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Liberian-Flagged Ship Suspected Of Deadly Oil Slick Off Estonia

Volunteers put polluted birds in plastic bags at the Keibu beach 01 February 2006, northwestern Estonia. Over 4,000 birds have died during the last days on the shores of northwest Estonia, according to environmentalists. The tragedy has been caused by vast oil pollution at the coastal area as long as 15 km. Since oil pollution was discovered 28 January morning, rescue officials and volunteers have tried to save the damaged birds and collect the dead ones. Environmentalists have warned the disaster could expand when animals from local forest will start to eat the polluted dead birds. Estonian authorities suspect the pollution has been caused by some oil tanker. AFP photo - Raigo Pajula.
by Staff Writers
Tallinn (AFP) Feb 02, 2006
Estonian officials have narrowed down their search for the ship that caused a 35-kilometer (21-mile) oil slick that has killed at least 800 birds in the Baltic Sea, singling out a Liberian-flagged tanker as the possible culprit.

"The oil tanker Flawless, which was on its way from Muuga port, near Tallinn, to Singapore, may be the tanker that polluted the Estonian coastline," Prime Minister Andrus Ansip told a press conference.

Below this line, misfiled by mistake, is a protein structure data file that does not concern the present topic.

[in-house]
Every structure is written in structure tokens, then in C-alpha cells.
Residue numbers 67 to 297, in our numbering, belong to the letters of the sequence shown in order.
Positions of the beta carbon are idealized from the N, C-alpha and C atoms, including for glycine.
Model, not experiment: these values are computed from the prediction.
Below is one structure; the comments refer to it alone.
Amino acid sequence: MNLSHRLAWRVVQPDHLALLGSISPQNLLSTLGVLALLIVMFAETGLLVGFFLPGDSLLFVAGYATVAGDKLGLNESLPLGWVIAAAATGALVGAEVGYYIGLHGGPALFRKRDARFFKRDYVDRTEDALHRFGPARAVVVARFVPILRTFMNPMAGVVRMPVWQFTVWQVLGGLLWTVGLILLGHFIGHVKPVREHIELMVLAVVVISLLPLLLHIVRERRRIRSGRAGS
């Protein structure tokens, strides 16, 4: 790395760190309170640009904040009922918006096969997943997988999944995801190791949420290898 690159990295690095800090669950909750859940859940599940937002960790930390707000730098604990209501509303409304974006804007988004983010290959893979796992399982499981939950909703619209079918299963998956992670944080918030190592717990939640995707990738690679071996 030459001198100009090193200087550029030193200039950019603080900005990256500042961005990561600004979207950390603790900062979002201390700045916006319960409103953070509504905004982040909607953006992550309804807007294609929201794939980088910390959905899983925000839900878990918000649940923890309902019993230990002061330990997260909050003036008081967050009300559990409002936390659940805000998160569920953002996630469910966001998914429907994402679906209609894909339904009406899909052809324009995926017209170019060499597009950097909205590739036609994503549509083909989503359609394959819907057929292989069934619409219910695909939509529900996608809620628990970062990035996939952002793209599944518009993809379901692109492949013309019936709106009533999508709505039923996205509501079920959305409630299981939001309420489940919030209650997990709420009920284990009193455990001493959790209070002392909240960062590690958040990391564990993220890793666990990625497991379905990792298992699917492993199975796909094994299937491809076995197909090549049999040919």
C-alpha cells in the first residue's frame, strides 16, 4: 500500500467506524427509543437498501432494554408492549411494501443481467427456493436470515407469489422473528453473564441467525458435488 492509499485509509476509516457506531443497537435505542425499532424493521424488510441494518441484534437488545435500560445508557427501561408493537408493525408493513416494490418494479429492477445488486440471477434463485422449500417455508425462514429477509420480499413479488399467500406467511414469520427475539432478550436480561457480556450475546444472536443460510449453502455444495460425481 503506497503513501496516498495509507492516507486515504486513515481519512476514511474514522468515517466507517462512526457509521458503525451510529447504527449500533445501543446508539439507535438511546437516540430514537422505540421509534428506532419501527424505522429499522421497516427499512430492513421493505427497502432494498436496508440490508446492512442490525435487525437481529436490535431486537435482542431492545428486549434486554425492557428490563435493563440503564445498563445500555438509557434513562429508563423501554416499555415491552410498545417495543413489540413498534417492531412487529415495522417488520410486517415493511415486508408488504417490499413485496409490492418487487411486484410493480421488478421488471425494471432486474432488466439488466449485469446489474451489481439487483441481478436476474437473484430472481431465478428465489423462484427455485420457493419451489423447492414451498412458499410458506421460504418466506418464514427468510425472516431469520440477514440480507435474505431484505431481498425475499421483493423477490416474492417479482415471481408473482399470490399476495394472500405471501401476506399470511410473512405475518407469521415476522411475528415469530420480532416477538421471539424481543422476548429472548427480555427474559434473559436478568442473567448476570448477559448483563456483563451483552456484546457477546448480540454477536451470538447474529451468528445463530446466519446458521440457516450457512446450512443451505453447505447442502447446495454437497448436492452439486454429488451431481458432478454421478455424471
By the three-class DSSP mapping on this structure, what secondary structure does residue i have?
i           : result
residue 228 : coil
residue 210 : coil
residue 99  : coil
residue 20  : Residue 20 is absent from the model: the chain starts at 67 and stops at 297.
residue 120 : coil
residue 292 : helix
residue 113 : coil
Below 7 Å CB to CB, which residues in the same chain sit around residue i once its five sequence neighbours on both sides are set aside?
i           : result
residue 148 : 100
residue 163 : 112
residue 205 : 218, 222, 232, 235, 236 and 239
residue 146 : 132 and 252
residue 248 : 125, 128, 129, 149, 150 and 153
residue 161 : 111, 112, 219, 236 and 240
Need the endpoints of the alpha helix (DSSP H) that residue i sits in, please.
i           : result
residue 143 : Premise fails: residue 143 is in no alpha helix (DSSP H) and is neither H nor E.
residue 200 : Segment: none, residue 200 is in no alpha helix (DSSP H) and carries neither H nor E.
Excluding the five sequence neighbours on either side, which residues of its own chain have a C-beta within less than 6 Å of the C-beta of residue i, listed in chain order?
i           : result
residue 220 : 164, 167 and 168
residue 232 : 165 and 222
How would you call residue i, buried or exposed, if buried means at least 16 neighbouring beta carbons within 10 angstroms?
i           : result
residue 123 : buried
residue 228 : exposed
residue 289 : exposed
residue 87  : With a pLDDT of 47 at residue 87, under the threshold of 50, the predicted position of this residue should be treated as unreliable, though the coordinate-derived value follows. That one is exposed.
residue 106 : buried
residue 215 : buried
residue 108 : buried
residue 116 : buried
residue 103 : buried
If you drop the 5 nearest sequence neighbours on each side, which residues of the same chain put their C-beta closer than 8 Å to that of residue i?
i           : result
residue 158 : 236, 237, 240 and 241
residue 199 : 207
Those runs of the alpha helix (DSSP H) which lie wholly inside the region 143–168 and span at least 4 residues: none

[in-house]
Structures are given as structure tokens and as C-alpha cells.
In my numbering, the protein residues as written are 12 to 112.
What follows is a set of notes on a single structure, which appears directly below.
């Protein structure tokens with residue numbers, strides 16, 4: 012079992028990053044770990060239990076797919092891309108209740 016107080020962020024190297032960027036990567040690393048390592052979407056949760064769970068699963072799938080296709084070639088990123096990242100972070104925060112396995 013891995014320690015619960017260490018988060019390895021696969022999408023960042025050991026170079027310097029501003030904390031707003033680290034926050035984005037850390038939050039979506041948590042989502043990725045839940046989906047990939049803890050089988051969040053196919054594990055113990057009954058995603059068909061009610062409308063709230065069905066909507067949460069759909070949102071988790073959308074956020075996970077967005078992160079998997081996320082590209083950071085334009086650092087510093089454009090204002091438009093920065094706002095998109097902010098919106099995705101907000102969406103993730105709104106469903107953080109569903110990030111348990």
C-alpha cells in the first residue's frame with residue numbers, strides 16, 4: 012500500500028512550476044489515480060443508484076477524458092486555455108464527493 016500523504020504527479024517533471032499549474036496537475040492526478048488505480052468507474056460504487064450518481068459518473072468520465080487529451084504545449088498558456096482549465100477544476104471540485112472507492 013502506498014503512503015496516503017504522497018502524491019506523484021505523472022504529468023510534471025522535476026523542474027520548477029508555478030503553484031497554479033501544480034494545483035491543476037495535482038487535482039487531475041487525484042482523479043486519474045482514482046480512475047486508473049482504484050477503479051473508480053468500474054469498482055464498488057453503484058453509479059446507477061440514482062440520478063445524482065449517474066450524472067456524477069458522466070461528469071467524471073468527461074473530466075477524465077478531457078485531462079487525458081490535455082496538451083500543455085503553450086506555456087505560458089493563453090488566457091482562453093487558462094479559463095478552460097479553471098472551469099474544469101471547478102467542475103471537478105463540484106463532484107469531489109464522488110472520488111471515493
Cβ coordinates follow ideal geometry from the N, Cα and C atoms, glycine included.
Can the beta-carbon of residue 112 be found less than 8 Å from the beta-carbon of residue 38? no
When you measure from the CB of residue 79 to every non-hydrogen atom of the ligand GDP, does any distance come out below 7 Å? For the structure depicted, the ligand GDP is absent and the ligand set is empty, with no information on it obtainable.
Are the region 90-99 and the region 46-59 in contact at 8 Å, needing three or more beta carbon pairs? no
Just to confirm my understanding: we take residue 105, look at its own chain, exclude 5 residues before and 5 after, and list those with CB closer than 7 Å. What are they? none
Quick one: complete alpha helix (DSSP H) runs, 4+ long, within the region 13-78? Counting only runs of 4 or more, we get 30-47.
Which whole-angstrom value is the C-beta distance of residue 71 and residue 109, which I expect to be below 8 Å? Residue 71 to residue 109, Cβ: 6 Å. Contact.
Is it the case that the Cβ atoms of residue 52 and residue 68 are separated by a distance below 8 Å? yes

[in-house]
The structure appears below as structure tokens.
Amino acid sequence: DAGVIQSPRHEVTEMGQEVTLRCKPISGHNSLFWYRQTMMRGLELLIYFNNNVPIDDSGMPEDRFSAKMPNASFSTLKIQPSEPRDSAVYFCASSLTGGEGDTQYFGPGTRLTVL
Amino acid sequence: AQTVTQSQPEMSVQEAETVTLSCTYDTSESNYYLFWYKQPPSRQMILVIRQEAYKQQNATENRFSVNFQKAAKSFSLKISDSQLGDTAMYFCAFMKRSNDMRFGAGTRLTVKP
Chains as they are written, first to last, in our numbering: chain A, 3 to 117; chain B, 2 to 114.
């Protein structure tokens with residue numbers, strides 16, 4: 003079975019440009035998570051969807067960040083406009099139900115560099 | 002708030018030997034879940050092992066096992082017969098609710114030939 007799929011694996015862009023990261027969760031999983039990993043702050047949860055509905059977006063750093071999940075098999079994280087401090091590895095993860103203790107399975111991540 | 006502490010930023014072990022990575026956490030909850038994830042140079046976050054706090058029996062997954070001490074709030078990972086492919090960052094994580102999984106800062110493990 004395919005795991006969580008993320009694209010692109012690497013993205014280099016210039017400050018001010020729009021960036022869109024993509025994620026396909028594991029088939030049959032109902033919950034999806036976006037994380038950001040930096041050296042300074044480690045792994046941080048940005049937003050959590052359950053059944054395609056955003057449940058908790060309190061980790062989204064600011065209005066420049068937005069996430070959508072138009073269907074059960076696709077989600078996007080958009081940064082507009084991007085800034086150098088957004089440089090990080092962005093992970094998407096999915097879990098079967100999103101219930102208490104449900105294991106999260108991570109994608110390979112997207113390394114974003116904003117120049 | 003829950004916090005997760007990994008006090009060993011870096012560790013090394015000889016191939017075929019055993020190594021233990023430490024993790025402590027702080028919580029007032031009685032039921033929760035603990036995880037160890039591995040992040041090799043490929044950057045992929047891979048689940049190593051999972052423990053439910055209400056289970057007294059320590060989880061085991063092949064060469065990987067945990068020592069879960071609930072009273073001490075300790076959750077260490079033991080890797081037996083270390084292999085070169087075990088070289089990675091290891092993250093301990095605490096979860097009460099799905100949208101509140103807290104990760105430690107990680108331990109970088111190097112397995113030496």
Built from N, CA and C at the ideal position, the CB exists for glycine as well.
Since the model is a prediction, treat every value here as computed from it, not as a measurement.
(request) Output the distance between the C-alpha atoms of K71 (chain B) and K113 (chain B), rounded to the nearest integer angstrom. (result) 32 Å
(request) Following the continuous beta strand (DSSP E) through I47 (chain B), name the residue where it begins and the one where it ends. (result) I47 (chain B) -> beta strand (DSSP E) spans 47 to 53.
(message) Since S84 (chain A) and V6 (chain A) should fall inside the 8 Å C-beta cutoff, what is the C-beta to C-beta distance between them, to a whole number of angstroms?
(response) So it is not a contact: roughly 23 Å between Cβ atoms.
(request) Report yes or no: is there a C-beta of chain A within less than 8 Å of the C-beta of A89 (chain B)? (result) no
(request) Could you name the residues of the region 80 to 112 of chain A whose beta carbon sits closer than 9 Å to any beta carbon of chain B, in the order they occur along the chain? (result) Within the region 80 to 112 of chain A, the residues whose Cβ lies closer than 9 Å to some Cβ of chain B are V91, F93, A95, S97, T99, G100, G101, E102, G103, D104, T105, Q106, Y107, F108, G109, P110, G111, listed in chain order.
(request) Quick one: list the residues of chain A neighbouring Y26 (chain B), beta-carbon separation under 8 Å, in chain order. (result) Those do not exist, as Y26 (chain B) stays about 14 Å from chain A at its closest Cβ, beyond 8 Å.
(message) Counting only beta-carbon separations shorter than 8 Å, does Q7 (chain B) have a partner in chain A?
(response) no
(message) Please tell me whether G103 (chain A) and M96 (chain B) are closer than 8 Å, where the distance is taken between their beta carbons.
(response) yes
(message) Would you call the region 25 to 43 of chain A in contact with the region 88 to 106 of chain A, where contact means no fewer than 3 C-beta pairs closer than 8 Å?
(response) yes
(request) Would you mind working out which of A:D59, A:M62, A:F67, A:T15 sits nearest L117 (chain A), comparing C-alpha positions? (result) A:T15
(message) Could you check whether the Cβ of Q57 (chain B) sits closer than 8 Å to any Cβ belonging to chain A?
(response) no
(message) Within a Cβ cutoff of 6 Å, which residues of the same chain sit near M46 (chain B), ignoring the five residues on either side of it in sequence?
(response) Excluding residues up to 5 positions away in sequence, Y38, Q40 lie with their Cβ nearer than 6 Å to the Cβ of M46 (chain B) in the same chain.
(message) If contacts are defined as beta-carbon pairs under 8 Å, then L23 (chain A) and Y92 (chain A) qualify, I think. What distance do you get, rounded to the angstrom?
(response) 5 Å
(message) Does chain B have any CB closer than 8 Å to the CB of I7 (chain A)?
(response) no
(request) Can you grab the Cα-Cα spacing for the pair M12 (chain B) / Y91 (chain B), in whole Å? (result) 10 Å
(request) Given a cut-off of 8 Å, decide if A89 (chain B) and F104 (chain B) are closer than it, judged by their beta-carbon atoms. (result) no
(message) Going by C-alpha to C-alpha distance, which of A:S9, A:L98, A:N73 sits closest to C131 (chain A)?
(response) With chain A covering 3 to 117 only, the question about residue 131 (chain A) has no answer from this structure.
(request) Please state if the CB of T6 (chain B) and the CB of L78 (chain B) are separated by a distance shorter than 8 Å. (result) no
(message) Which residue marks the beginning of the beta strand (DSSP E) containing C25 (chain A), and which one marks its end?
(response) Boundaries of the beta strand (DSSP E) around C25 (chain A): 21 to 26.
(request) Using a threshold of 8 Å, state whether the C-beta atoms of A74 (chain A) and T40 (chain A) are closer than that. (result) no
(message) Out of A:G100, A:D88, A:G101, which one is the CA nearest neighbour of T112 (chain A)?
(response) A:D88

Some 5,000 birds are feared to have died and more than 800 cadavers have already been recovered by environmentalists and volunteers since the long oil slick was first noticed off the coast of the Baltic state on Saturday.

Ansip said the Flawless had reported last week to the coastguard that more than 1.5 tonnes of oil had been accidentally pumped to the upper deck of the ship on January 23 when it was loaded with its petroleum cargo.

According to the prime minister, the coastguard passed the information to Environment Ministry inspectors, but the ministry did not take the matter any further.

Environment Minister Villu Reiljan said he had heard nothing about any problems with the Flawless before the prime minister made public the information on Thursday.

Reiljan said that eventual leaks from other oil tankers which passed off Estonia's northwestern coast near the scene of the environmental disaster were also being investigated as the possible cause of the slick.

Source: Agence France-Presse

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